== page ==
For manuscripts with direct applications, this section will consist of an interpretive summary. In the text, references should be cited with Arabic numerals in brackets, numbered in the order cited. In the references section, the references should be numbered and listed in order of appearance in the text. The number of references is limited to 30 for Original Articles. All authors of a cited work should be listed if there are six or fewer authors.

If a reference has a digital object identifier DOI , it should be supplied. Non-published findings and personal communications should not be included in the list of references. A short list of journal title abbreviations is provided in Appendix 1. Sample references are given below.

Genetic diversity analysis of South and East Asian duck populations using highly polymorphic microsatellite markers. Asian-Australas J Anim Sci ; Variation in myogenic differentiation 1 mRNA abundance is associated with beef tenderness in Nelore cattle. Anim Genet Mar 30 [Epub]. An upper limit for caloric density of finishing diets.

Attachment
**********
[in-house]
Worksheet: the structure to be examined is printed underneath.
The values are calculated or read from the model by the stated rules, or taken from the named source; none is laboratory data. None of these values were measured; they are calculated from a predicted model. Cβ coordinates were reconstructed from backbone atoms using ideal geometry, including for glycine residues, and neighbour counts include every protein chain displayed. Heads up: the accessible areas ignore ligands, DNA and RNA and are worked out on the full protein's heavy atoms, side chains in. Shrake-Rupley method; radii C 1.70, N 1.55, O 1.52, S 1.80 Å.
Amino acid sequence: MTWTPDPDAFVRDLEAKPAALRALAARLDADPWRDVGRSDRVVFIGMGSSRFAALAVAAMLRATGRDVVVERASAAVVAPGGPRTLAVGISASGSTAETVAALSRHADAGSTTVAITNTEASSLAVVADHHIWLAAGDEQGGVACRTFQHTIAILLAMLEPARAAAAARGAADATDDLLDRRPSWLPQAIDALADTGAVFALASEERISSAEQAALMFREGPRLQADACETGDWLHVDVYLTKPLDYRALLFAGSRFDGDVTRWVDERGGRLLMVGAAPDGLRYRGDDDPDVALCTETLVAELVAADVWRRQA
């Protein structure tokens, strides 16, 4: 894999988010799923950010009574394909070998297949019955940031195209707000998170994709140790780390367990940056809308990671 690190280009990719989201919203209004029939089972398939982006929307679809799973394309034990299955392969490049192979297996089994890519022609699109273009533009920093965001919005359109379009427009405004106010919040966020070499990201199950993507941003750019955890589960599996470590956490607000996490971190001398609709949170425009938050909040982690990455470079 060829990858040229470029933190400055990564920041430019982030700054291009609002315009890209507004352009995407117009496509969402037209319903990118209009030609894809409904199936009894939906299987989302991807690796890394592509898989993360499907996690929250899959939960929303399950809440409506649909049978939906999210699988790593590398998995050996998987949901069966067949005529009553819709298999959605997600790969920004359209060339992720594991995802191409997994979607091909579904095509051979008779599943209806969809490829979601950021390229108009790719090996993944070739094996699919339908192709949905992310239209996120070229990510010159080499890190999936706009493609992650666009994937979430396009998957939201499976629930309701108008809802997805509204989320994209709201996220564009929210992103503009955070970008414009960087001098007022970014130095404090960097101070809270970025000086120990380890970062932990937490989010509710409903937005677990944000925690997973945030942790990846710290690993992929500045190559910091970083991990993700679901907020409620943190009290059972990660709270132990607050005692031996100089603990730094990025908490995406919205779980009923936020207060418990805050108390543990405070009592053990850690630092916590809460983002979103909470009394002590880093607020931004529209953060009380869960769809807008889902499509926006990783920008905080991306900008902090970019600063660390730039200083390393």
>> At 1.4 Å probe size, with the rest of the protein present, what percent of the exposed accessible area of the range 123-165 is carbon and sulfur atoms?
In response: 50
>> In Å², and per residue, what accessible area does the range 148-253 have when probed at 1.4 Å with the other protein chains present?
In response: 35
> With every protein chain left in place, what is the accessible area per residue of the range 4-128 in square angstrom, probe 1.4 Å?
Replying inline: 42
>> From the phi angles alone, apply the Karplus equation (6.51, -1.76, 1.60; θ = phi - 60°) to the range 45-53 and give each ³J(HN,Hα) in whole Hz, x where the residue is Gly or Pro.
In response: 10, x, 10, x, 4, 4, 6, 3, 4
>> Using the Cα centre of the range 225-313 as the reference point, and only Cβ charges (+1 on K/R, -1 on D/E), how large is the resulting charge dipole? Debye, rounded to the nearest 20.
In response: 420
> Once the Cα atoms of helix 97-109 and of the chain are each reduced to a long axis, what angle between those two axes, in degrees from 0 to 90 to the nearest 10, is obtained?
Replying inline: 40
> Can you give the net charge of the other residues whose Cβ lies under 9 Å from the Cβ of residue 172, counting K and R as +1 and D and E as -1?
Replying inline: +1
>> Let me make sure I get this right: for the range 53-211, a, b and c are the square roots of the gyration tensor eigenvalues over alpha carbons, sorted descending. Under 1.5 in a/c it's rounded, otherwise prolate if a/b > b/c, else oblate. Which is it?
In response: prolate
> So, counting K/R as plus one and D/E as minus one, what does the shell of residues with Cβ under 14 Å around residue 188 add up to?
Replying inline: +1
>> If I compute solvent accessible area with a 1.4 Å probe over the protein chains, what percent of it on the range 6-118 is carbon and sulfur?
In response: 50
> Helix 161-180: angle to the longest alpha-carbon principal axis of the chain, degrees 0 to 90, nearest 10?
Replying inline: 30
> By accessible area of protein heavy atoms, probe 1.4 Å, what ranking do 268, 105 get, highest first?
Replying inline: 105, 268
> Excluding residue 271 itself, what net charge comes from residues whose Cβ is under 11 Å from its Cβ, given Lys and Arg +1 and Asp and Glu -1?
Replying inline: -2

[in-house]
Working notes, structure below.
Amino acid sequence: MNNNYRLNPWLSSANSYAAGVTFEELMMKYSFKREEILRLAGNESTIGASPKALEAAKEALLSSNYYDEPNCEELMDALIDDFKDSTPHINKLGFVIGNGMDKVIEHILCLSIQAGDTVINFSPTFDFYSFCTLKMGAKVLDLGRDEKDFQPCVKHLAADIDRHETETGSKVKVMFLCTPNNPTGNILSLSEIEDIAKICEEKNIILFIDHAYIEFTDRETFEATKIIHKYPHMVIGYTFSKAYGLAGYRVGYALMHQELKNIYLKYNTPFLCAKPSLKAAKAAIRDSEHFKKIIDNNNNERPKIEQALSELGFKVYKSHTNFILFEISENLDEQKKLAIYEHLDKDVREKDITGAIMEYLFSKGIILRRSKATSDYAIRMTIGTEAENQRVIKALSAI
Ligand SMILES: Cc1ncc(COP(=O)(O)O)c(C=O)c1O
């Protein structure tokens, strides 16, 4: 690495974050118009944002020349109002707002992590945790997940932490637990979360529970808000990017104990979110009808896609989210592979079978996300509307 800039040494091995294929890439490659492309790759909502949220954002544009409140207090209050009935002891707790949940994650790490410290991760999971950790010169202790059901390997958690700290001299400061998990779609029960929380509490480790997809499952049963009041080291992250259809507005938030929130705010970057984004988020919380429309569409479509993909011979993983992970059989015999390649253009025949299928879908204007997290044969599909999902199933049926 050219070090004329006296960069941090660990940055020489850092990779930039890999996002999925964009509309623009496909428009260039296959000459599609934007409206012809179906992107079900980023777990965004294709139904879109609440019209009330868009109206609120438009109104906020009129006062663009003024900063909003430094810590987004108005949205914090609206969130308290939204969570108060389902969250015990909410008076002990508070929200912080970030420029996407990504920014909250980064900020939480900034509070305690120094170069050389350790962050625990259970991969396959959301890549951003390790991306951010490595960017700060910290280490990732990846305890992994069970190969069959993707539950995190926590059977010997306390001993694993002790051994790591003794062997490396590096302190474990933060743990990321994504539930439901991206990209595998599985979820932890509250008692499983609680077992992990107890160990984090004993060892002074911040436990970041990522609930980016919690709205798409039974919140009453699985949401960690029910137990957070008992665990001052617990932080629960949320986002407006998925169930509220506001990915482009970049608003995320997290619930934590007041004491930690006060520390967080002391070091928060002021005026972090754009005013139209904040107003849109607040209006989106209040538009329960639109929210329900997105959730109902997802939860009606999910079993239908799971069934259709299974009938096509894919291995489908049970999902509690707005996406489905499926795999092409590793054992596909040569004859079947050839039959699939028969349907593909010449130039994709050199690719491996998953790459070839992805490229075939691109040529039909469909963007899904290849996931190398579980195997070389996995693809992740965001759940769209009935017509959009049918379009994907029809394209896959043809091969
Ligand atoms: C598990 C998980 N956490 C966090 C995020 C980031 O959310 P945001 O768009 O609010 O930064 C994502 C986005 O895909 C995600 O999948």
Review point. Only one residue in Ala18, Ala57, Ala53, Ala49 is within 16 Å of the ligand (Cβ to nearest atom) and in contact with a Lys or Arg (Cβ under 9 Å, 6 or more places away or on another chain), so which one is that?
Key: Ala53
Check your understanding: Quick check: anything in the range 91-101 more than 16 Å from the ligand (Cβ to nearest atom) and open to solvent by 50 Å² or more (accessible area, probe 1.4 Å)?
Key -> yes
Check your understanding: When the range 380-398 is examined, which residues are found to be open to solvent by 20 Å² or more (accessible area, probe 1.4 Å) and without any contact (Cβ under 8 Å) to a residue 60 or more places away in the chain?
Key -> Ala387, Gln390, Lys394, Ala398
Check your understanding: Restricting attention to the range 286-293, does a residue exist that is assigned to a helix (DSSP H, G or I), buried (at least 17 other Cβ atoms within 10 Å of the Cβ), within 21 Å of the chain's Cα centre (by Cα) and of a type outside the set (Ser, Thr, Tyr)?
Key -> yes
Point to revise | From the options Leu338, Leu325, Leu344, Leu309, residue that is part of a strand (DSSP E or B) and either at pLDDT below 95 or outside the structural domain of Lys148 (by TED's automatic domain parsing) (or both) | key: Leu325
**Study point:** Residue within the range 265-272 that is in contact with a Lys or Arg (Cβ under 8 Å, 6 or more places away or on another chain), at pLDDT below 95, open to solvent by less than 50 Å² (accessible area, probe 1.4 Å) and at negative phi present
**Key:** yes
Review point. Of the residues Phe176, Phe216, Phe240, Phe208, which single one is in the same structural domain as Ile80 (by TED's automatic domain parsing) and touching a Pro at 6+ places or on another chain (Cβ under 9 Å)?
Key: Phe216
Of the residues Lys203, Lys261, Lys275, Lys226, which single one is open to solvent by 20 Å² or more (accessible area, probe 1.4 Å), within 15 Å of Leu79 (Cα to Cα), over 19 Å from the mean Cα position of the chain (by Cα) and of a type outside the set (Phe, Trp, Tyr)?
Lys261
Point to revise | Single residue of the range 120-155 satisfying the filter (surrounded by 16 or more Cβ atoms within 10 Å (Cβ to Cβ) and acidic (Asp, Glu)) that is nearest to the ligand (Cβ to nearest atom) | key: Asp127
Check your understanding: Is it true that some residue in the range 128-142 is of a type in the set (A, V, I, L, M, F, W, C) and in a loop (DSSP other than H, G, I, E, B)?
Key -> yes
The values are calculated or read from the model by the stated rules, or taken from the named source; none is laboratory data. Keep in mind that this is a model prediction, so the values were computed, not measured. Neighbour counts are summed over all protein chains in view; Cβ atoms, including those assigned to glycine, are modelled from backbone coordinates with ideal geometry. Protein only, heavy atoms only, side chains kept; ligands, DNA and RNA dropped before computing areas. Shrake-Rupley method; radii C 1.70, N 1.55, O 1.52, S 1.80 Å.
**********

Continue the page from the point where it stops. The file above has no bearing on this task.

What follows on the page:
J Anim Sci ;84 Suppl:E Improved postweaning pig performance by adding NaCl or HCl to diets containing animal plasma [abstract]. J Anim Sci ;74 Suppl 1 Scientific farm animal production: an introduction to animal science. Nutrient requirements of swine. The human environment interface: applying ecosystem concepts to health. One health: the human-animal-environment interfaces in emerging infectious diseases. New York: Springer-Verlag; Web sites Raosoft.

Chemical studies of dissolved carbohydrates in seawater

Sample size calculator [Internet]. Raosoft Inc. Dissertations and Theses Ha JK.